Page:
Scans that can be used include a:
- computerised tomography (CT) scan – where a series of X-rays are taken to build up a detailed 3D image of the brain
- magnetic resonance imaging (MRI) scan – where strong magnetic fields are used to produce a detailed image of the inside of the brain
Confirming the diagnosis
There is currently no single test for Tourette syndrome. A diagnosis can only be made by assessing your child’s symptoms to see whether they follow the pattern that is usually associated with the syndrome.
A confident diagnosis of Tourette syndrome can usually be made if your child:
- has symptoms that are not being caused by other medical conditions or any medication you are taking
- started having tics before 18 years of age
- has had several physical tics and at least one vocal tic
- has tics that occur many times during the day, virtually every day
- has been having tics for at least a year
Treating Tourette Syndrome
There is no cure for Tourette’s syndrome, but treatment can help to control the symptoms.
There are several treatment options available for people with Tourette’s syndrome.
The first and most important part of treatment for Tourette’s syndrome is to ensure that you, your child and, if needed, your child’s teachers, friends and other family members all have good information and knowledge about the condition. This includes:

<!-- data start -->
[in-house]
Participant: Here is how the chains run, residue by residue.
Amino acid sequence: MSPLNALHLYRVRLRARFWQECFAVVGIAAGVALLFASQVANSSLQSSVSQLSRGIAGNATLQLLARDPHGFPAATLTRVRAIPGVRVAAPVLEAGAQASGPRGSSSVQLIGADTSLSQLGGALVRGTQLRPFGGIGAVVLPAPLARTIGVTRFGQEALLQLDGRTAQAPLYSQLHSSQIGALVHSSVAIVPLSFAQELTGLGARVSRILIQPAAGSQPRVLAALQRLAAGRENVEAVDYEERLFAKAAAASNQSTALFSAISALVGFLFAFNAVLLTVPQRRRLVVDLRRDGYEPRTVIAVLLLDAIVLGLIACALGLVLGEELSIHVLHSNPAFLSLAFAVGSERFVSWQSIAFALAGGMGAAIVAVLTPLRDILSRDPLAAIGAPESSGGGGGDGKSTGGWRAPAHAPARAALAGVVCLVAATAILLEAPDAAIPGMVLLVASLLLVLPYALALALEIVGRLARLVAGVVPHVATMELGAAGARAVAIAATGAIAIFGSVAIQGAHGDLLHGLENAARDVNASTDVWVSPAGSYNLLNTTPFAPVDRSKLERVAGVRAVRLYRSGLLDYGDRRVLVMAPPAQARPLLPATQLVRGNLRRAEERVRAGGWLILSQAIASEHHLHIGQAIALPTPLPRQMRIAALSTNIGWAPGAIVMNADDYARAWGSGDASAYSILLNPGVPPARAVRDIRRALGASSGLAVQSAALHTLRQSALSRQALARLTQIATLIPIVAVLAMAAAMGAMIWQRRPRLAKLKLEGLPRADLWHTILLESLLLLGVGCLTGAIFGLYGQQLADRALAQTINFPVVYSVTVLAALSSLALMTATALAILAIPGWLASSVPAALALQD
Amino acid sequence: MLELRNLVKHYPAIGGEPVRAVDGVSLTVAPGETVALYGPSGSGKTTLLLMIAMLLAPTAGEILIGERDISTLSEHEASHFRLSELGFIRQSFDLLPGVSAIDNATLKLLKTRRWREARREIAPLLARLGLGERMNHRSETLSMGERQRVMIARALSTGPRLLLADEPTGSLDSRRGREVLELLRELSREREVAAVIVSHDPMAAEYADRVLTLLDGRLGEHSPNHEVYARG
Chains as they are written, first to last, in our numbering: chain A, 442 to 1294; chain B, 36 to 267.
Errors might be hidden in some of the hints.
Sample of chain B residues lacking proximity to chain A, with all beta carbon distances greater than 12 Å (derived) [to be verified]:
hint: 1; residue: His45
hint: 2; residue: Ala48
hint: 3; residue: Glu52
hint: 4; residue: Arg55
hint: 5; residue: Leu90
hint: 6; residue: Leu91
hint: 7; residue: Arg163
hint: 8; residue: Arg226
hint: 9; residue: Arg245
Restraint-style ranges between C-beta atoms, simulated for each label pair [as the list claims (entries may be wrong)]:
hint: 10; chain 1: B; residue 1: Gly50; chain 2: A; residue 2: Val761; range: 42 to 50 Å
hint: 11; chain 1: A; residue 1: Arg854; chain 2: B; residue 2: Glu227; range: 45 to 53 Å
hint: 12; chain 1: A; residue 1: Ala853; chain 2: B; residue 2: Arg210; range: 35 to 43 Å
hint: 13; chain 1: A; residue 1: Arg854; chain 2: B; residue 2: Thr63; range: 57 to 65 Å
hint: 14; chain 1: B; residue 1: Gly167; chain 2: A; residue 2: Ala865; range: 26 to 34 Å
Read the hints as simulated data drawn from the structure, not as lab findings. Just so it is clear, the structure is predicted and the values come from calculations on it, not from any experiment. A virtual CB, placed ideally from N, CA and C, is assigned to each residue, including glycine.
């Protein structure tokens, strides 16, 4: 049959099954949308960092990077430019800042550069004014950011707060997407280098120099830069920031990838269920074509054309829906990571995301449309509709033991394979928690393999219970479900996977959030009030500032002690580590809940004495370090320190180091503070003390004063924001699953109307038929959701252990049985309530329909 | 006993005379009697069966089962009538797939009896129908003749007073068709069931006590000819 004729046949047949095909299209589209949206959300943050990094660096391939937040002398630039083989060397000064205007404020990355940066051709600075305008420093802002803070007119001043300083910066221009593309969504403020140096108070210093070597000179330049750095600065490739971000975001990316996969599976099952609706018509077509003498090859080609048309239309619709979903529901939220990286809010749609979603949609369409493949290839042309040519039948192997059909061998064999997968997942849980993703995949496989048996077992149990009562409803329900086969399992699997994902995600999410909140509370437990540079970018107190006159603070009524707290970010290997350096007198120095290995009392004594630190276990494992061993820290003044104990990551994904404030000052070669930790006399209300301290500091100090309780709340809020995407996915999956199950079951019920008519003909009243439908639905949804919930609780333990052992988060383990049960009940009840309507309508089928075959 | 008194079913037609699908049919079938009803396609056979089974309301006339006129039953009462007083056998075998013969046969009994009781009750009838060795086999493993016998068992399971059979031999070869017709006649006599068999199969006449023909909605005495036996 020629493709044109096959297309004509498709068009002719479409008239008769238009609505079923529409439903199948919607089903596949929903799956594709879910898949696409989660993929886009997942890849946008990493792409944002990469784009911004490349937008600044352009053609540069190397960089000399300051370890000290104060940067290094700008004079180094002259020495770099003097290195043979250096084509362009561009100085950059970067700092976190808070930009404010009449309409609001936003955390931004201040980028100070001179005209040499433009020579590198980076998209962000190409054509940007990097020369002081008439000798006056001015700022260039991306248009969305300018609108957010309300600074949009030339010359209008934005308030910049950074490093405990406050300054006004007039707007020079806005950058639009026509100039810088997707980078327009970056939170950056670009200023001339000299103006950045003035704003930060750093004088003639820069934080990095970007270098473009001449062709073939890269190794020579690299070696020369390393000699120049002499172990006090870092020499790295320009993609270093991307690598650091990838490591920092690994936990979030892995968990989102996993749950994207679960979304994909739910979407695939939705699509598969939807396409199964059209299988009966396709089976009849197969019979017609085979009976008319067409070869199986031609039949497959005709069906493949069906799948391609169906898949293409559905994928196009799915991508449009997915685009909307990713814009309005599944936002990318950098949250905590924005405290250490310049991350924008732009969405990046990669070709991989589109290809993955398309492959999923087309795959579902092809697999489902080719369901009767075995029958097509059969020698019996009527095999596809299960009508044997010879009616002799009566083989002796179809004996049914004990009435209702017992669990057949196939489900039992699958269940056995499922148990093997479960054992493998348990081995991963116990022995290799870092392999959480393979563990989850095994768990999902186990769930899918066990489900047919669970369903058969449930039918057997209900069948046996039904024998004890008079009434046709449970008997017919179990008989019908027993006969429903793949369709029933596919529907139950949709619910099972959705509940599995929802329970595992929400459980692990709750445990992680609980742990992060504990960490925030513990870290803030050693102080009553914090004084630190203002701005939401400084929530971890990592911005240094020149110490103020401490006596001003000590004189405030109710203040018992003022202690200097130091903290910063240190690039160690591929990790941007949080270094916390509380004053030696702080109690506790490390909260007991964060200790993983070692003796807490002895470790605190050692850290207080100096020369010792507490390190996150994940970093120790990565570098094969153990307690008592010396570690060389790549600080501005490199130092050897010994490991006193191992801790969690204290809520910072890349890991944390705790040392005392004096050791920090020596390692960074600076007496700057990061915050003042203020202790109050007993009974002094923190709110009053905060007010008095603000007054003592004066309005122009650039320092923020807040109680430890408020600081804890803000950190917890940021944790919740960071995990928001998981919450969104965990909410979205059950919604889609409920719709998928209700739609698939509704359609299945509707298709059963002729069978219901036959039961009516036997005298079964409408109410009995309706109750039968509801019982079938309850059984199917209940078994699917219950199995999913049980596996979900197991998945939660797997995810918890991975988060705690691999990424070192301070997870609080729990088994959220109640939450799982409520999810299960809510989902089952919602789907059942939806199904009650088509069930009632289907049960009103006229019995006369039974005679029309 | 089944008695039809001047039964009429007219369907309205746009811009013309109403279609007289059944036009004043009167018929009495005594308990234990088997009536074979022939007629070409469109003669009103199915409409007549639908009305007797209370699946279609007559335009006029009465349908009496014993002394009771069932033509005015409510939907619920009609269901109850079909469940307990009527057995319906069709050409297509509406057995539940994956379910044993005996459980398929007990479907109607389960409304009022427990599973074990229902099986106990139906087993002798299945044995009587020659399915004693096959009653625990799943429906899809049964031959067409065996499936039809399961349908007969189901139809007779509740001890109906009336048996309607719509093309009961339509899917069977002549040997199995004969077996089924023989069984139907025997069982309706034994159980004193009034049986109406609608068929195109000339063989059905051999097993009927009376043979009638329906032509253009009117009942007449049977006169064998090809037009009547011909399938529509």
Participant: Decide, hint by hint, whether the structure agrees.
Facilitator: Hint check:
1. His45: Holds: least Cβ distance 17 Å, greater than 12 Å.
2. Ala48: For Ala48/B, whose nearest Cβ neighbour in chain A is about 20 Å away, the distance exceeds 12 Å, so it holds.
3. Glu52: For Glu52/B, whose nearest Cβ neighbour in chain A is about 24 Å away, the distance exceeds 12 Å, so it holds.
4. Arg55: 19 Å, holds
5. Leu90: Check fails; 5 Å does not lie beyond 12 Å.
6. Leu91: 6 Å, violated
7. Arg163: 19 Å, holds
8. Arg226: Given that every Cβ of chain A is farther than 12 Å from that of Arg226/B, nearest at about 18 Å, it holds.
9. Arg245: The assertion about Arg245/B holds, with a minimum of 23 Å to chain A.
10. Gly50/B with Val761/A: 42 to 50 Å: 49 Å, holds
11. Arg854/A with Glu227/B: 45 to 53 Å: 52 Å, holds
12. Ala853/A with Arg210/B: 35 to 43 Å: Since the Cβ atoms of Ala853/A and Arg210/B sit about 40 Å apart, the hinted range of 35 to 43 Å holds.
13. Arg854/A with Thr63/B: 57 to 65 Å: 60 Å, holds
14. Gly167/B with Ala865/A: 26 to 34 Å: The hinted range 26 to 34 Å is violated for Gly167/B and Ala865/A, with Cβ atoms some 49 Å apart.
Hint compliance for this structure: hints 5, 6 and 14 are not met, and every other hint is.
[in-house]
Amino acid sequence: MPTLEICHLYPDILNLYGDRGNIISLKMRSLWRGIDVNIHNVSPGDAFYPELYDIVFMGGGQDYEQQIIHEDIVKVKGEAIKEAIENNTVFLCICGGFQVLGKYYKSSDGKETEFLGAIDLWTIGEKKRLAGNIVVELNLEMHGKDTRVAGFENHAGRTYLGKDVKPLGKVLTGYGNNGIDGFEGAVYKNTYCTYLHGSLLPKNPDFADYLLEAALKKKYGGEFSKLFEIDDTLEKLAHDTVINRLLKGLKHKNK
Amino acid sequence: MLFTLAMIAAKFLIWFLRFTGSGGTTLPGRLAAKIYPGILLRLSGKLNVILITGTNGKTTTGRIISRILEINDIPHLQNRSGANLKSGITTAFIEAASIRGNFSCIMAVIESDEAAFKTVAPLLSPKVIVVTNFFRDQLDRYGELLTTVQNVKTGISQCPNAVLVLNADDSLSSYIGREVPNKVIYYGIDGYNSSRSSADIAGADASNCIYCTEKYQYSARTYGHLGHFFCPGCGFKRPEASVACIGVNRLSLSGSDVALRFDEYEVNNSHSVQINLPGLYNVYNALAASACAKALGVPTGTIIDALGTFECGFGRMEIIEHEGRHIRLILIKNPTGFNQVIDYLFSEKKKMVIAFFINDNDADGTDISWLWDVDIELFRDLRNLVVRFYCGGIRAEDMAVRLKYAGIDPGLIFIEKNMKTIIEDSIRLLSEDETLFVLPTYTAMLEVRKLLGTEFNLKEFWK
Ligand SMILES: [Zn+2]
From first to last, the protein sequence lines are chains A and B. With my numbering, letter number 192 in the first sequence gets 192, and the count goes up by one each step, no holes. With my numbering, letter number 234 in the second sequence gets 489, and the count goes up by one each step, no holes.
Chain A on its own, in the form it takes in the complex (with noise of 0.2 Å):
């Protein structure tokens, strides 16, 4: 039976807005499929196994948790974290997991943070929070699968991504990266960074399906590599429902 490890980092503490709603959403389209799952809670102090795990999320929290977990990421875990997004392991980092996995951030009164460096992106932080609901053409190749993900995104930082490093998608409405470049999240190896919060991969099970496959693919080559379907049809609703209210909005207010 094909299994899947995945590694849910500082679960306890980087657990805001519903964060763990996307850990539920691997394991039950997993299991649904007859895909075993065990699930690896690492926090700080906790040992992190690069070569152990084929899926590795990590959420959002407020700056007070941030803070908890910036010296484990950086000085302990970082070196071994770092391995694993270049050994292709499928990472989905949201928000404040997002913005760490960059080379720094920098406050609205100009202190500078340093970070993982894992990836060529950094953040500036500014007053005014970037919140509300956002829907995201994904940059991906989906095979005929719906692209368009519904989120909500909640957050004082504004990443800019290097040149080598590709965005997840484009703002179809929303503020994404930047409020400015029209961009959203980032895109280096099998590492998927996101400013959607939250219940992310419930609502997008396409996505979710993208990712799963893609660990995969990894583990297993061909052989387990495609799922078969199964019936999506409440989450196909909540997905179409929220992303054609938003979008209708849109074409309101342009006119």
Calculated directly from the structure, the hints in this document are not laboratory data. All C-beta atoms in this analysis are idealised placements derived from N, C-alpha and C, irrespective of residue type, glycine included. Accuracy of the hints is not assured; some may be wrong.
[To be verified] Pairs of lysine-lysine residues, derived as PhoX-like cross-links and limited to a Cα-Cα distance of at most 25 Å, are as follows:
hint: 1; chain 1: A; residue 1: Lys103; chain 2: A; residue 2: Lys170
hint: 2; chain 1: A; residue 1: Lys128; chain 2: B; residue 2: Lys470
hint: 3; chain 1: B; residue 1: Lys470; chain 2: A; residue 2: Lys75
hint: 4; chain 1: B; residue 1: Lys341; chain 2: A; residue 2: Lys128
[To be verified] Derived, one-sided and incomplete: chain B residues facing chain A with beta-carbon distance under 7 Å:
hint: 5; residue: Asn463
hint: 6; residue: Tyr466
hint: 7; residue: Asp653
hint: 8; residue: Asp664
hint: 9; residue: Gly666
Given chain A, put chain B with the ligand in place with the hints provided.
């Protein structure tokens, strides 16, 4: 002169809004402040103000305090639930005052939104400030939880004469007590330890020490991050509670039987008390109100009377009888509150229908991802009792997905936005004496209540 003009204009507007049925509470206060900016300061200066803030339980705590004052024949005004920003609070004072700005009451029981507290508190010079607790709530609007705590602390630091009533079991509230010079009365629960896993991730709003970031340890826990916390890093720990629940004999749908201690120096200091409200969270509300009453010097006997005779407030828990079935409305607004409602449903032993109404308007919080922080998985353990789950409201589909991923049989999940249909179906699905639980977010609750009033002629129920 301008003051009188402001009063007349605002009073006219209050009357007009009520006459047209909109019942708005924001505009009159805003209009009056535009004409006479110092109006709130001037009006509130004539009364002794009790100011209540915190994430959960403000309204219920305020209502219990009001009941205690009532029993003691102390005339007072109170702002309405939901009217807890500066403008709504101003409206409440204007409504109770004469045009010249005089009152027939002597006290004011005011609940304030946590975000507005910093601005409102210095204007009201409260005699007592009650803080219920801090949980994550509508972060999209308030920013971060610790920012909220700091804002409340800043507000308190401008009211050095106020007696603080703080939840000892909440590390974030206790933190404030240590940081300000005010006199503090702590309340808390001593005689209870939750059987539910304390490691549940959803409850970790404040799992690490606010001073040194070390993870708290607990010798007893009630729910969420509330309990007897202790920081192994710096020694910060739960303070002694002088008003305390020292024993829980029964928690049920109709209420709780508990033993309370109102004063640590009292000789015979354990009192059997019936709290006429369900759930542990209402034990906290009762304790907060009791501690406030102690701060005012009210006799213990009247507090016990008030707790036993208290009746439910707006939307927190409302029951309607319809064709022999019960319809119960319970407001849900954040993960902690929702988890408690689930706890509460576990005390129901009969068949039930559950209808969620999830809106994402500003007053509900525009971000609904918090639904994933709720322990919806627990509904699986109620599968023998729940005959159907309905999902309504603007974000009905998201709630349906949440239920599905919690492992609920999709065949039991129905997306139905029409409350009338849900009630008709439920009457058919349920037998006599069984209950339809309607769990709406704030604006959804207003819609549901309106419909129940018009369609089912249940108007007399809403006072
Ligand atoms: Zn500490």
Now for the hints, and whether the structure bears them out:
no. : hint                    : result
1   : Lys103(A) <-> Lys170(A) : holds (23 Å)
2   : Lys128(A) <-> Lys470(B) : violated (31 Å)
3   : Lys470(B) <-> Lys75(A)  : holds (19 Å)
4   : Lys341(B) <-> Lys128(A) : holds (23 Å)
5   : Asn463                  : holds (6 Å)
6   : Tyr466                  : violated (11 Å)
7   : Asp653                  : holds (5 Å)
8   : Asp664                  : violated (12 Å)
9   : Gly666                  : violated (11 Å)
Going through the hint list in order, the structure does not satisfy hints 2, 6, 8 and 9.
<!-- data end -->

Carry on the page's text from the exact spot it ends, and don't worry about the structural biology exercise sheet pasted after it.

- being able to explain Tourette syndrome to others if asked about tics
- understanding that tics are not ‘put on’
- understanding that tics come and go and that sometimes they may be better than at other times
- knowing that having tics does not generally stop you doing anything you want to do
- knowing that treatments may help to relieve tics, but are unlikely to make them go away completely
- being aware that most people ‘outgrow’ tics by the time they reach adulthood
Next, the treatment plan for tics could involve one or more of the following:
- treatments that do not involve taking medication – such as behavioural therapy
- medication – the three types of medication that may be prescribed are alpha2-adrenergic agonists, muscle relaxants and dopamine antagonists
- surgery – in very rare, severe cases, surgical techniques may be suitable
Non-medical treatments alone, such as behavioural therapy, may be needed if the tics are relatively mild and infrequent.
In cases where a person’s tics are more severe and disrupt day-to-day activities, a combination of therapy and medication may be recommended.
Surgery is usually only recommended as a ‘treatment of last resort’ if the tics are very severe and fail to respond to other treatment.
The doctor in charge of your or your child’s care, usually a neurologist (a brain and nervous system specialist), will recommend what they think is the best treatment option. However, the final decision will be yours.
If your child is old enough to understand fully the implications of their decision, they will be asked to decide what treatment they would prefer.
Detecting and treating mental health problems associated with Tourette syndrome, such as obsessive compulsive disorder (OCD), attention-deficit hyperactivity disorder (ADHD), depression and anxiety, is often seen as more important than treating the tics.